• The most time is spent on applications in the middle, these are the ones that will be directly compared against others and may lose out on this.
    • It’s better to be in the top pile from the word go
  • Some things are out of your control
    • The funder may have priorities around supporting a spread of artworks, genres, or groups that are under-represented, e.g. gender balance, equality etc.
    • You may be the only application for a particular type of thing in one group of applications and have a better chance, or there may be a large collection of similar projects.
    • Funders can sometimes take risks with smaller pots of money - e.g. if the application isn’t that convincing, but the ask is small and they want to do more in a particular genre.
  • Evidence of need
    • This is often peppered through Irish application forms.
    • Identify if you particularly need funding to bring work to an underdeveloped audience, e.g. a geographic cold spot, an underserved demographic
    • Is there a particular time sensitive opportunity that won’t come around again?

Slide: Kim's flow chart for making funding decisions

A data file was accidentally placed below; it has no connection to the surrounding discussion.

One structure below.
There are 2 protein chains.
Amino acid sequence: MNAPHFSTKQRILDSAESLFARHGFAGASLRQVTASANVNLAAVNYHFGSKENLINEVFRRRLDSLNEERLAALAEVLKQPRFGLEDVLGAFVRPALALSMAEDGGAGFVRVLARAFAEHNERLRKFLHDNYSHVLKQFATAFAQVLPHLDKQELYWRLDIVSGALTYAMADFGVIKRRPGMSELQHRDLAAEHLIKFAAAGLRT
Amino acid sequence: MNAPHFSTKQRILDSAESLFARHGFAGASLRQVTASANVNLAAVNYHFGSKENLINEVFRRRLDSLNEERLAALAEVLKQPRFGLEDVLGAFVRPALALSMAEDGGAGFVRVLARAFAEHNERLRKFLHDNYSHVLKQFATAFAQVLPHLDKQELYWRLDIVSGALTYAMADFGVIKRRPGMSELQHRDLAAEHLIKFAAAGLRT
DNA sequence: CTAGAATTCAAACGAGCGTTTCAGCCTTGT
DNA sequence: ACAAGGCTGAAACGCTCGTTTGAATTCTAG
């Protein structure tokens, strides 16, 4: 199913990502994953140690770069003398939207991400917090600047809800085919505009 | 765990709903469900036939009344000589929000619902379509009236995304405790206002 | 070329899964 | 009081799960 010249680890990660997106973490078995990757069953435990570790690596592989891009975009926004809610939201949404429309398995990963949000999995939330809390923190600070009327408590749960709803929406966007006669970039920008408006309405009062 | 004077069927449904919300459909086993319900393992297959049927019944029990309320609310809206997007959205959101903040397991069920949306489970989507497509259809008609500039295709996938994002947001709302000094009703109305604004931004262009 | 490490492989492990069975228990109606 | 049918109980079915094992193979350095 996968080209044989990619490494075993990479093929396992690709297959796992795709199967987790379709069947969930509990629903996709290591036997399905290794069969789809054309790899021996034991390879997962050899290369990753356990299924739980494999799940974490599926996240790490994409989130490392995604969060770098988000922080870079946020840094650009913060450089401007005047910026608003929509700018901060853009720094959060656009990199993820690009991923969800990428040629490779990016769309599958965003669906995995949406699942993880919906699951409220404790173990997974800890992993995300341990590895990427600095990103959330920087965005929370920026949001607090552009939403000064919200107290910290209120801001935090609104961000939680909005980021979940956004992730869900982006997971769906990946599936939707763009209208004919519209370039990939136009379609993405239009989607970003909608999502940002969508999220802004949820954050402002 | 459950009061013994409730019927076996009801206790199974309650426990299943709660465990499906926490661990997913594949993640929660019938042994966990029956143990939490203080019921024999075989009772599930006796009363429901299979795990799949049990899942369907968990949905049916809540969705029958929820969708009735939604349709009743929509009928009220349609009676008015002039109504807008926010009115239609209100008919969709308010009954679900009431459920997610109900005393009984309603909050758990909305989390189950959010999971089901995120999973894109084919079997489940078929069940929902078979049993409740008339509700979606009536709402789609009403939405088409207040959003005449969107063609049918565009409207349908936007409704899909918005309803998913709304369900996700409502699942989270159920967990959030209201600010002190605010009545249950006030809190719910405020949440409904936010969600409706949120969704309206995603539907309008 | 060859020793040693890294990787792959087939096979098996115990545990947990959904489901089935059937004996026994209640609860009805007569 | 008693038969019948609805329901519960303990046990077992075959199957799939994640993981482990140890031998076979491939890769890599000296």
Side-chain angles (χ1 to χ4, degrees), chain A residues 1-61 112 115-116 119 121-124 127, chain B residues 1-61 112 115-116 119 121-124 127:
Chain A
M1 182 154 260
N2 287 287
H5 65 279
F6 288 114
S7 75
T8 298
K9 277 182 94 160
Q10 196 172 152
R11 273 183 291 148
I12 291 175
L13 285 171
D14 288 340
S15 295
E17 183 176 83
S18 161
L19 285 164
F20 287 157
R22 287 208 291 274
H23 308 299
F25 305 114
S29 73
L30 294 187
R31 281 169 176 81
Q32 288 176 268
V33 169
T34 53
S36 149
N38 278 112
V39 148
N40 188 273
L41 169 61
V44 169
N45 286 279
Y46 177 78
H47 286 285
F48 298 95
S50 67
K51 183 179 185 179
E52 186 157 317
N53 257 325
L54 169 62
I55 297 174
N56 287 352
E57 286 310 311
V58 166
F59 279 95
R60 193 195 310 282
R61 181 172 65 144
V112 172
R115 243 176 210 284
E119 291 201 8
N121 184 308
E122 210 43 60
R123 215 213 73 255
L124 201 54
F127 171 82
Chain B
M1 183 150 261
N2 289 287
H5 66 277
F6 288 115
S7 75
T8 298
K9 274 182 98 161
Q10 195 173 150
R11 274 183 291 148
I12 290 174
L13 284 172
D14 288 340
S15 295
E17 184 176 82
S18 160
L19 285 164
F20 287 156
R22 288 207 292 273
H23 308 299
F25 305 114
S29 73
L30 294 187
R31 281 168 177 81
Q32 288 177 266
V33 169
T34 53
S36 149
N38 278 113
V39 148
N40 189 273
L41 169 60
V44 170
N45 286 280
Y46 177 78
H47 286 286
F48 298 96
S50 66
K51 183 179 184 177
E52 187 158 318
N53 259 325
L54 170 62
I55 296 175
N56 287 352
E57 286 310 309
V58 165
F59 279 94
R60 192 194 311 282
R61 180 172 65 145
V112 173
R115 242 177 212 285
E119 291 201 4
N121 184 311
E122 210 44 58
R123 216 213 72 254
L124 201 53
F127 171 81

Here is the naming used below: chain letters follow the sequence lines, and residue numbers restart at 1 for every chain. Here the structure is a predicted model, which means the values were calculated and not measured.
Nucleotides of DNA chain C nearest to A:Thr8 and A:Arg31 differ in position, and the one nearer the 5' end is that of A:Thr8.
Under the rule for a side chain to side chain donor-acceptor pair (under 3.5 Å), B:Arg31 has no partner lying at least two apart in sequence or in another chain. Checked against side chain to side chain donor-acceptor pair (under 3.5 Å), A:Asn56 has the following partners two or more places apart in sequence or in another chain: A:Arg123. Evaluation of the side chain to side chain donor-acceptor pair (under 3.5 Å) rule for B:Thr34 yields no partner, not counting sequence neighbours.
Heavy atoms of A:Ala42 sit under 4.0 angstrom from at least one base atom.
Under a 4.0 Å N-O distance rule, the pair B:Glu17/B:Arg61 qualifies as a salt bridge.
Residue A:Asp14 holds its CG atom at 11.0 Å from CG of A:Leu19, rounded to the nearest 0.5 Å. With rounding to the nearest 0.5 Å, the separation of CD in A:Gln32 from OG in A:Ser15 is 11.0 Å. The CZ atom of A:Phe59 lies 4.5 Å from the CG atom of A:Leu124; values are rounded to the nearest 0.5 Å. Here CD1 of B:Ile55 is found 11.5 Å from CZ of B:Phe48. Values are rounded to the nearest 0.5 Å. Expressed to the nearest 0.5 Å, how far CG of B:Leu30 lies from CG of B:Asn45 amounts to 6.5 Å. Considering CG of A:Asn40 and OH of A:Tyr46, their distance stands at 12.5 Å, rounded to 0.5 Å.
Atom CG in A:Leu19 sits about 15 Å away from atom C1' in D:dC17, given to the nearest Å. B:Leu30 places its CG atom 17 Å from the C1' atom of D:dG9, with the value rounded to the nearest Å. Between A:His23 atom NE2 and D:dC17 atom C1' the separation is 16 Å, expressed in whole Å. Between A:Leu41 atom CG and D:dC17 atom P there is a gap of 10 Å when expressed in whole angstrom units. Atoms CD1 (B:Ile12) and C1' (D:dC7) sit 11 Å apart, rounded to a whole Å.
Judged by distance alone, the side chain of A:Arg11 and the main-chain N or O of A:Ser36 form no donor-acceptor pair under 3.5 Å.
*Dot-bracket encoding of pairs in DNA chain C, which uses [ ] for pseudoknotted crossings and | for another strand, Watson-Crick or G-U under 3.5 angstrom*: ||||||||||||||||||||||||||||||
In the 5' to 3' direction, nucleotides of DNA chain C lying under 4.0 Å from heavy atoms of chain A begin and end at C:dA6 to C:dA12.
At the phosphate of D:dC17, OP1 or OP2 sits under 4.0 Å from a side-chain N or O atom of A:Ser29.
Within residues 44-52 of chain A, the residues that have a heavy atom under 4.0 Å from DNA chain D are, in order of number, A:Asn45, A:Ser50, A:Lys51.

• Budget
    • Income/Expenditure have to balance
    • Support in kind needs to be converted to a monetary value and added to BOTH sides (income & expenditure). E.g. in-kind rehearsal space in-kind could have an estimated expenditure value of €100/day and an in-kind income value of €100/day.
    • Show your thinking
      • e.g. pay scales, quotations etc. Break down larger figures.
    • Reference everything in the narrative
    • Build in a contingency if possible
      • Shows that the project can go ahead even with unforeseen changes.
      • 3-7% of budget is the average amount to add for contingency
    • Pay artists, including yourself, properly. Funders can only award money for what’s budgeted for. Allocate a project management fee if you are due one.
      • A project budget which reflects the real cost of the project can be a reason for funders to lobby for more money for a particular sector, e.g. jazz.
    • Application forms often have a built in budget - including a separate itemised budget with everything shown increases your chances. The project will look more feasible.
    • Try and keep project reports as accurate as possible - if extra expenses or problems come up in a number of reports, the funders may be able to allocate extra to cover that in future.

Slide: Kim's top tips on application budgets

A note from IMC:

  • While the most important thing on identifying your eligibility is the guidelines for the particular fund you’re applying for, it can be very useful to reference & identify the overall aims of funders and where you might match them.
  • Useful references are:
  • Find funding to match your project rather than a project to match the funding, but if your project does match with particular goals, it’s important to point them out.

IMC’s Resources section also includes other advice on funding applications, marketing, and production which may be useful in a project application.